The Irish team go to the Principality Stadium to end Welsh hopes for the Grand Slam, possibly handing this year’s title to the English.

Lock Tadhg Beirne will make his debut on Saturday in the country where he found his professional feet, after Iain Henderson’s withdrawal due to injury.

Sean O’Brien is recalled after Josh van der Flier’s injury. Or perhaps he was simply kept in cotton wool for this event. You get the feeling from Joe Schmidt’s comments this week that this is a game he really wants to win.

WalesPositionIreland
Rob Evans1Cian Healy
Ken Owens2Rory Best (Captain)
Tomas Francis3Tadhg Furlong
Adam Beard4Tadhg Beirne
Alun Wyn Jones (Captain)5James Ryan
Josh Navidi6Peter O’Mahony
Justin Tipuric7Sean O’Brien
Ross Moriarty8CJ Stander
Gareth Davies9Conor Murray
Gareth Anscombe10Johnny Sexton
Josh Adams11Jacob Stockdale
Hadleigh Parkes12Bundee Aki
Jonathan Davies13Garry Ringrose
George North14Keith Earls
Liam Williams15Rob Kearney
Replacements
Elliot Dee16Niall Scannell
Nicky Smith17Dave Kilcoyne
Dillon Lewis18Andrew Porter
Jake Ball19Quinn Roux
Aaron Wainwright20Jack Conan
Aled Davies21Kieran Marmion
Dan Biggar22Jack Carty
Owen Watkin23Jordan Larmour

Rob Kearney also returns to the team after missing out last weekend through injury. The rest of the team has a familiar feel to it. There is no room for Seán Cronin on the bench this week, Niall Scannell replacing him.

The question of the roof being open – Wales did not ask the Irish if they agreed, but went straight to the governing body – is just one of those pre-match niggles that Gatland always seems to manage to put out there before a clash between these countries.

The aim seems to be to put the Irish management team off balance; to try to add as much confusion to the preparations in what is already a short week to turn around an international side.

I don’t think the Irish have anything to fear from a closed roof. Yes, it will be noisy, and the Irish voices will be drowned out at times by the home support, but that’s no reason to be afraid.

Sometimes it is when put up against the most intense and difficult obstacles that teams find that something extra and to give a performance above what is expected.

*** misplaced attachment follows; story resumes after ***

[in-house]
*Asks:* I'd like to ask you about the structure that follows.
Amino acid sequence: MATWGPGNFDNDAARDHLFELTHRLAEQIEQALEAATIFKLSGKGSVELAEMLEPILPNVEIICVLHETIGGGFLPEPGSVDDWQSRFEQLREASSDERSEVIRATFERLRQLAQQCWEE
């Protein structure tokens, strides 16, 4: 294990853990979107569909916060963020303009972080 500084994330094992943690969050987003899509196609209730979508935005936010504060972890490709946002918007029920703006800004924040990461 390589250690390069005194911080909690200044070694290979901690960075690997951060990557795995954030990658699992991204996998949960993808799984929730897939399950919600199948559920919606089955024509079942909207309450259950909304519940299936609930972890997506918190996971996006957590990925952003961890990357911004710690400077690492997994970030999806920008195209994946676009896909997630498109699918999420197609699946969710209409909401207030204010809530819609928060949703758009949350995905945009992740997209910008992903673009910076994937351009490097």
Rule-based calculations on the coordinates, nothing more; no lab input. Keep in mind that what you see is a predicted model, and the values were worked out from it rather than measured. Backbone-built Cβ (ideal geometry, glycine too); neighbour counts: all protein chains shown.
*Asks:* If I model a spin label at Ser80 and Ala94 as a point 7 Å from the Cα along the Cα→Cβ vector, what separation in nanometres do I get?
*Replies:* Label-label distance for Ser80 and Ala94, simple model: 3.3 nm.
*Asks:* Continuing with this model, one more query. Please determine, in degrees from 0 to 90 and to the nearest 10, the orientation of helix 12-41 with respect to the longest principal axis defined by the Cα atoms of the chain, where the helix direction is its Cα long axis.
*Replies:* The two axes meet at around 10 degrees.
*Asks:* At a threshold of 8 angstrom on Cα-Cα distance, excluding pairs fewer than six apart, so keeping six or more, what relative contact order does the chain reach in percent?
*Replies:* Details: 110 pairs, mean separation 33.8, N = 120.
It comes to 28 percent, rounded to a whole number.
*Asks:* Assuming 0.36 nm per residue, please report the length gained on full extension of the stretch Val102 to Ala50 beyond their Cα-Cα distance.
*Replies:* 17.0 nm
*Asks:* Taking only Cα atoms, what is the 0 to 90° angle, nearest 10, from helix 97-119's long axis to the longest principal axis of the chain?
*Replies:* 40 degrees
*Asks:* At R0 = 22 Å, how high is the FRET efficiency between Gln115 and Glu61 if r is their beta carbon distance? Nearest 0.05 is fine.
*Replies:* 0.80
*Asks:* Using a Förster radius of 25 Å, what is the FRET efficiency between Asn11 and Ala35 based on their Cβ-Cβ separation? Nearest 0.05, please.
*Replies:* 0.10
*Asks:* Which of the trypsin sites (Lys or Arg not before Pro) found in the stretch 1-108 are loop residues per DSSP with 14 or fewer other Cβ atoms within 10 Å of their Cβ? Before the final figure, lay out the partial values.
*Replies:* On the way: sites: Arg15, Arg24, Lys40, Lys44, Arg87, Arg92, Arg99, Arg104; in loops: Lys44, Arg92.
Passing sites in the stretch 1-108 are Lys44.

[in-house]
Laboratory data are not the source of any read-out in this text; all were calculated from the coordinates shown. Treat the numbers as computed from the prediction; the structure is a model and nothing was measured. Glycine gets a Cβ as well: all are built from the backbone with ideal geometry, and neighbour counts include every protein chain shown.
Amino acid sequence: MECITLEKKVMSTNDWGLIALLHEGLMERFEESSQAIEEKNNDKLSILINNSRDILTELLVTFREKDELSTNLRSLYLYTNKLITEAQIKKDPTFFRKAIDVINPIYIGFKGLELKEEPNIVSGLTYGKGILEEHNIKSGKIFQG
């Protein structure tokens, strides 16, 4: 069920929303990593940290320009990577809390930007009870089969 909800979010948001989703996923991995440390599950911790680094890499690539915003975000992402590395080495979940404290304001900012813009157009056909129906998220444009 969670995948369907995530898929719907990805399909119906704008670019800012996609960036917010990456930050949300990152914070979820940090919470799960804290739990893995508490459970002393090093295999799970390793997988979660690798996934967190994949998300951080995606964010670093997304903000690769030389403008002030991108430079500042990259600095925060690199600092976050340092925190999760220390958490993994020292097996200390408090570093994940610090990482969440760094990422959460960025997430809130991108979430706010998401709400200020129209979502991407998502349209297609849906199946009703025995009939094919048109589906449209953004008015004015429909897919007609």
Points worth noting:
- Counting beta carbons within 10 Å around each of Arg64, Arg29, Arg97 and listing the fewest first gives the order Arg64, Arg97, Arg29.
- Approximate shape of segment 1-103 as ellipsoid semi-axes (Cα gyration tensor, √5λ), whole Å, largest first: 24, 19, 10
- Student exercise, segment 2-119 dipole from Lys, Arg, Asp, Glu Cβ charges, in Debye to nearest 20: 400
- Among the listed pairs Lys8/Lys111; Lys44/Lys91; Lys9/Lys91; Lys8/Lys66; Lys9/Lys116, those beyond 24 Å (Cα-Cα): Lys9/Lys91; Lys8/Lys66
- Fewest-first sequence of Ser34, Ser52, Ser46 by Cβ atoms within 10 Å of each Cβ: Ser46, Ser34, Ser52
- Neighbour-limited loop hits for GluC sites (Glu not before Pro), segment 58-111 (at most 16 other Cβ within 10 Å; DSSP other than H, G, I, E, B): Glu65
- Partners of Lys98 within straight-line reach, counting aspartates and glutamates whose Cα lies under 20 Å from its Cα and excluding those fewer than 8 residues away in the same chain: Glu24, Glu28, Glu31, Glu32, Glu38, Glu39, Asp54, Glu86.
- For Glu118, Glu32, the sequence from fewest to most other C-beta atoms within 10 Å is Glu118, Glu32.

It may be a great preparation for the World Cup in which we face Japan, the home side. There is no doubt that they will bring a lot of energy, feeding off what is likely to be dominant support. So roof closed could be exactly what we need.

The bookies have this match as being a tight one, Wales being seen as only a slight favourite. The spread is a single point.

If Ireland are going to win this, I feel that they will need to win by more that a point, or at least to have built up enough of a buffer to outlast a strongly finishing Welsh team.

If we start like we did against the French, controlling the ball and not kicking loosely to the their back three (North and Williams have a history of punishing us for poor kicking), then we can start to build a score.

The line out is going to play a huge part in the game. If Wales can disrupt ours and steal a few of our throws, then we may be in trouble. It has been our go-to move to unlock defences this season.

It’s not ideal to loose Henderson. With both him and Toner out, that means a new caller at line out time. This puts increased pressure on an inexperienced player. This mini-battle within the game will be fascinating.

I think Ireland have enough to win the game. I’m hoping that we value stopping the Welsh from getting a Grand Slam more than trying to chase the title ourselves. Forget a bonus point win, take penalties when they are on offer, build a score. If we stay ahead, we can be the spanner in the Welsh works.